336 460 1037. Text me only.
The window in my small bathroom opens into a 3 season porch, not to the outside. It is a beautiful old double-hung wood window. The original window frame is partially over an existing bathtub to the left of the window; in order to accommodate adding a shower above the tub, the window either needs to be removed or narrowed toward the right. My friend is handy with trim work, but I’m not a carpenter. This would mean removing the upper and lower windows, cutting a 12 inch section out of the middle and connecting (gluing or splicing etc) the two parts together – leaving the original window edges and joins and dowels intact on the left and right ends. To accommodate the narrower windows, move the left side window trim 12 inches to the right. Do not damage the walls (plaster with wires). Can this be done? ideas? Thank you!
The window in my small bathroom opens into a 3 season porch, not to the outside. It is a beautiful old double-hung wood window. The original window frame is partially over an existing bathtub to the left of the window; in order to accommodate adding a shower above the tub, the window either needs to be removed or narrowed toward the right. My friend is handy with trim work, but I’m not a carpenter. This would mean removing the upper and lower windows, cutting a 12 inch section out of the middle and connecting (gluing or splicing etc) the two parts together – leaving the original window edges and joins and dowels intact on the left and right ends. To accommodate the narrower windows, move the left side window trim 12 inches to the right. Do not damage the walls (plaster with wires).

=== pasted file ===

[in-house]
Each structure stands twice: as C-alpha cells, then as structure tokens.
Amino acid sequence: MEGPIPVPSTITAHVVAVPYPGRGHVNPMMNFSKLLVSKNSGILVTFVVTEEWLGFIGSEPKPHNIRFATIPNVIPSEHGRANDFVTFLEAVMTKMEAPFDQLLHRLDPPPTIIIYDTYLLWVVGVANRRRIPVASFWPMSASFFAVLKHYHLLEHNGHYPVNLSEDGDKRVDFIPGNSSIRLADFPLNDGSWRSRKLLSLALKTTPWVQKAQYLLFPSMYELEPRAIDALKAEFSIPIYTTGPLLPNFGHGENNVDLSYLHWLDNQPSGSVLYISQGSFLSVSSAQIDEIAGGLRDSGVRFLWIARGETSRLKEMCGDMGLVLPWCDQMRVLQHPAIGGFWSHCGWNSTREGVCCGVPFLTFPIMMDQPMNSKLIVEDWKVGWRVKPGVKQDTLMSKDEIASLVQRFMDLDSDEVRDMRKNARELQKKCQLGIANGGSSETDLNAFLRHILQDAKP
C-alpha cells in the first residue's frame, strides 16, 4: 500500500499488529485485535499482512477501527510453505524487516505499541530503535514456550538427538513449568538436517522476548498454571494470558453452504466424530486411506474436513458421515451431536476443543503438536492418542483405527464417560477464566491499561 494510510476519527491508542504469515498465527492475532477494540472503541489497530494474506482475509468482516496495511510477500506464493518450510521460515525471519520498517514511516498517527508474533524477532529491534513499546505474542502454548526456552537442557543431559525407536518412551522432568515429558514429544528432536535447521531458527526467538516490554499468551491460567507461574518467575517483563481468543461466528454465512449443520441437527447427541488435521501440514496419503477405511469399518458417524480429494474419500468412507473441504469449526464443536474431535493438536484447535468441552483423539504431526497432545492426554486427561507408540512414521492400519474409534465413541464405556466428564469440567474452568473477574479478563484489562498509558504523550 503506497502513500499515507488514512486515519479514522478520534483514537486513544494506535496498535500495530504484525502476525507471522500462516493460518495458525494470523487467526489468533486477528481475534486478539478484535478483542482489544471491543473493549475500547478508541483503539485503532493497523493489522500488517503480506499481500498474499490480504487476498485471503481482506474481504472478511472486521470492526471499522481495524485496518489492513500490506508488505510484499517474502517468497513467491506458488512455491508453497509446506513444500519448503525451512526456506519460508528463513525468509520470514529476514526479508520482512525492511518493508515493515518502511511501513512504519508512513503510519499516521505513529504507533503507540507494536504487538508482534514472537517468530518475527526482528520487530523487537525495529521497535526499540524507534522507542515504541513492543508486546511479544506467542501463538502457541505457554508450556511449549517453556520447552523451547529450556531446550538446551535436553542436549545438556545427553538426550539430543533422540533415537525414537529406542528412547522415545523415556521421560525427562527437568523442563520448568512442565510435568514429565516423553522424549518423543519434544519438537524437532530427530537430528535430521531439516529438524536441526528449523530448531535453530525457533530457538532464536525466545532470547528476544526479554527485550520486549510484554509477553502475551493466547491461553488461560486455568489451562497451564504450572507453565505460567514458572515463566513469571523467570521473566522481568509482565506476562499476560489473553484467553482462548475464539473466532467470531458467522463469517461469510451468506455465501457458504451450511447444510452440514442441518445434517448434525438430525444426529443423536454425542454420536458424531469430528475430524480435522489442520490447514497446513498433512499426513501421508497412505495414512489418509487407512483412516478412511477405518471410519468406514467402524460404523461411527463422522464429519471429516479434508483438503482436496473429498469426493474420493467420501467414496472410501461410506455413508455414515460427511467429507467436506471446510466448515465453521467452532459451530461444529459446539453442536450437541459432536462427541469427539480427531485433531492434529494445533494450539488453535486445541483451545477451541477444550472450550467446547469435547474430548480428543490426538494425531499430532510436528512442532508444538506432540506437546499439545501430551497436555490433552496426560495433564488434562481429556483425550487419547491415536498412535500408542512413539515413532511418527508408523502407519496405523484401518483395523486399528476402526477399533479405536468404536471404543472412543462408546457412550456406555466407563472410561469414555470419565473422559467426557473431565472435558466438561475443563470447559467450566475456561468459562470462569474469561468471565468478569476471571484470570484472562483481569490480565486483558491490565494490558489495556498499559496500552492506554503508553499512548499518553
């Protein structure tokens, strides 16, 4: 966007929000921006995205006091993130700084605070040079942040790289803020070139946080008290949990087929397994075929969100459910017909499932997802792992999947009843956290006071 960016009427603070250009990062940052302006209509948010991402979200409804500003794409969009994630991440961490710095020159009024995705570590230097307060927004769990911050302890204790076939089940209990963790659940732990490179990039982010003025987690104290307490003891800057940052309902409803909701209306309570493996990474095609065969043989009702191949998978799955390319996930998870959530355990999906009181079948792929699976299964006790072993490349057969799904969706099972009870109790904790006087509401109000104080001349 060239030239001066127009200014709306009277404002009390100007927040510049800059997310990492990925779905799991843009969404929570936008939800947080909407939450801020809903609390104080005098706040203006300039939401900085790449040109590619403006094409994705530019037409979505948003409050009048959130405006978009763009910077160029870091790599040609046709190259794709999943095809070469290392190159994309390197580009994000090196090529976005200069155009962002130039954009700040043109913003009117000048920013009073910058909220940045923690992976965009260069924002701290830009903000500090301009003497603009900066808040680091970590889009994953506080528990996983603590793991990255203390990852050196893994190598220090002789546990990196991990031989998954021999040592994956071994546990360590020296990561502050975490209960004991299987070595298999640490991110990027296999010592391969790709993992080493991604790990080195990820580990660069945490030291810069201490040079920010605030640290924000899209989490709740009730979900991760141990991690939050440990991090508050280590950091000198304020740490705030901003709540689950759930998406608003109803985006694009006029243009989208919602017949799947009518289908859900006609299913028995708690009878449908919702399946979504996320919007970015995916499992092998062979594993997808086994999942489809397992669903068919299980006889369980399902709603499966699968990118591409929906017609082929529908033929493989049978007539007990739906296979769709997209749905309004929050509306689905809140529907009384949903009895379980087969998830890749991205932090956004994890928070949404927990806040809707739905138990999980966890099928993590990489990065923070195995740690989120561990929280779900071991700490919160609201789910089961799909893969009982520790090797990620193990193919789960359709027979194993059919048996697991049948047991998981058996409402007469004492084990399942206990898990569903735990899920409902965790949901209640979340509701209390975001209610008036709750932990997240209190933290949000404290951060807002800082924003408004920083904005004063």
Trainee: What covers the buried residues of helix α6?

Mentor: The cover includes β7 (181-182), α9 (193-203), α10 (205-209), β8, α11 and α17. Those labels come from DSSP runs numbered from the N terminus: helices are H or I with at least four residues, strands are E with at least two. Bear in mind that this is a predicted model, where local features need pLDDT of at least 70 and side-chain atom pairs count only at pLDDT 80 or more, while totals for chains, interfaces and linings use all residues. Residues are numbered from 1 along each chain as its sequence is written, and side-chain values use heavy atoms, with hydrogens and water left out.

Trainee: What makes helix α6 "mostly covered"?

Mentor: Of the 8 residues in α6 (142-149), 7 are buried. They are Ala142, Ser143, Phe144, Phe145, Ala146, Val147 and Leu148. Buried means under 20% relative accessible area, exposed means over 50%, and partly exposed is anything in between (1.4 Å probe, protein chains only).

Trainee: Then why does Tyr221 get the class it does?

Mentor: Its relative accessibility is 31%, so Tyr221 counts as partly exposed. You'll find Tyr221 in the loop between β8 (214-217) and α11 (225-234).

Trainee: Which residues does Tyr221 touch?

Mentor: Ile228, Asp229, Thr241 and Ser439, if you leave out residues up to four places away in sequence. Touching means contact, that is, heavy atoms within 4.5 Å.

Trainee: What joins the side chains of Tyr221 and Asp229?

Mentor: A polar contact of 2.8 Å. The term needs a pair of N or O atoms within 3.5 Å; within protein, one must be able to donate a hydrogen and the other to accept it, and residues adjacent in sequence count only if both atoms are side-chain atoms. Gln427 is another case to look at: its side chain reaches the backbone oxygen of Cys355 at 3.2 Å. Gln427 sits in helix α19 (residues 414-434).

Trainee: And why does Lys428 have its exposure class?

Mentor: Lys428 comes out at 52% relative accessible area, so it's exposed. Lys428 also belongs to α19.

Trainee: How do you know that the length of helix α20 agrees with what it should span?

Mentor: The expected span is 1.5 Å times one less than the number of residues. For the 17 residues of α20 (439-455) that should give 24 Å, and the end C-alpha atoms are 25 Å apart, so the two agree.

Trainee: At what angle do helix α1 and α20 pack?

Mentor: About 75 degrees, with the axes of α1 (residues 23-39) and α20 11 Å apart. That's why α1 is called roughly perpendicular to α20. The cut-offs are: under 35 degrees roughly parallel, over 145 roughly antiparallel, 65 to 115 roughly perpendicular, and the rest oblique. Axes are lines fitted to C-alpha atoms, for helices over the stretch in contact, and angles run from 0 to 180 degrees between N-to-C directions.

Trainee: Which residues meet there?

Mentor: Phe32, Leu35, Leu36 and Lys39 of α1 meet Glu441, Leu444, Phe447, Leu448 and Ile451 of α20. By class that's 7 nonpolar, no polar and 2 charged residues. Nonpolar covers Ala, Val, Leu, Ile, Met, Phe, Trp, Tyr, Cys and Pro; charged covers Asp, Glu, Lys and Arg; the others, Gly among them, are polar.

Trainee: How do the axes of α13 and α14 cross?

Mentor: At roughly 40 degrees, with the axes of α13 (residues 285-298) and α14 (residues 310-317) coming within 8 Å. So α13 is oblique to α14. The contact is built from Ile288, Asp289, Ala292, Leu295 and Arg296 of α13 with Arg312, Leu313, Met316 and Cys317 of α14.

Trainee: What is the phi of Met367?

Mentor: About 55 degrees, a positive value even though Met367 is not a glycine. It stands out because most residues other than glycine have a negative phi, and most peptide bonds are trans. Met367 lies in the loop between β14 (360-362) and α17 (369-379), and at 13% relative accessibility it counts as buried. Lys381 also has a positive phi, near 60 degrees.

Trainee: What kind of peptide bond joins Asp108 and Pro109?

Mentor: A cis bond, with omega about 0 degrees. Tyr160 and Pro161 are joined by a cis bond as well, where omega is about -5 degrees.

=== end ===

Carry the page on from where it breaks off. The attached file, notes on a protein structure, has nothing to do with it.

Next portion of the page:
Can this be done? ideas?
Yes, that can definitely be done. Post this comment over on my Save America’s Windows Forum: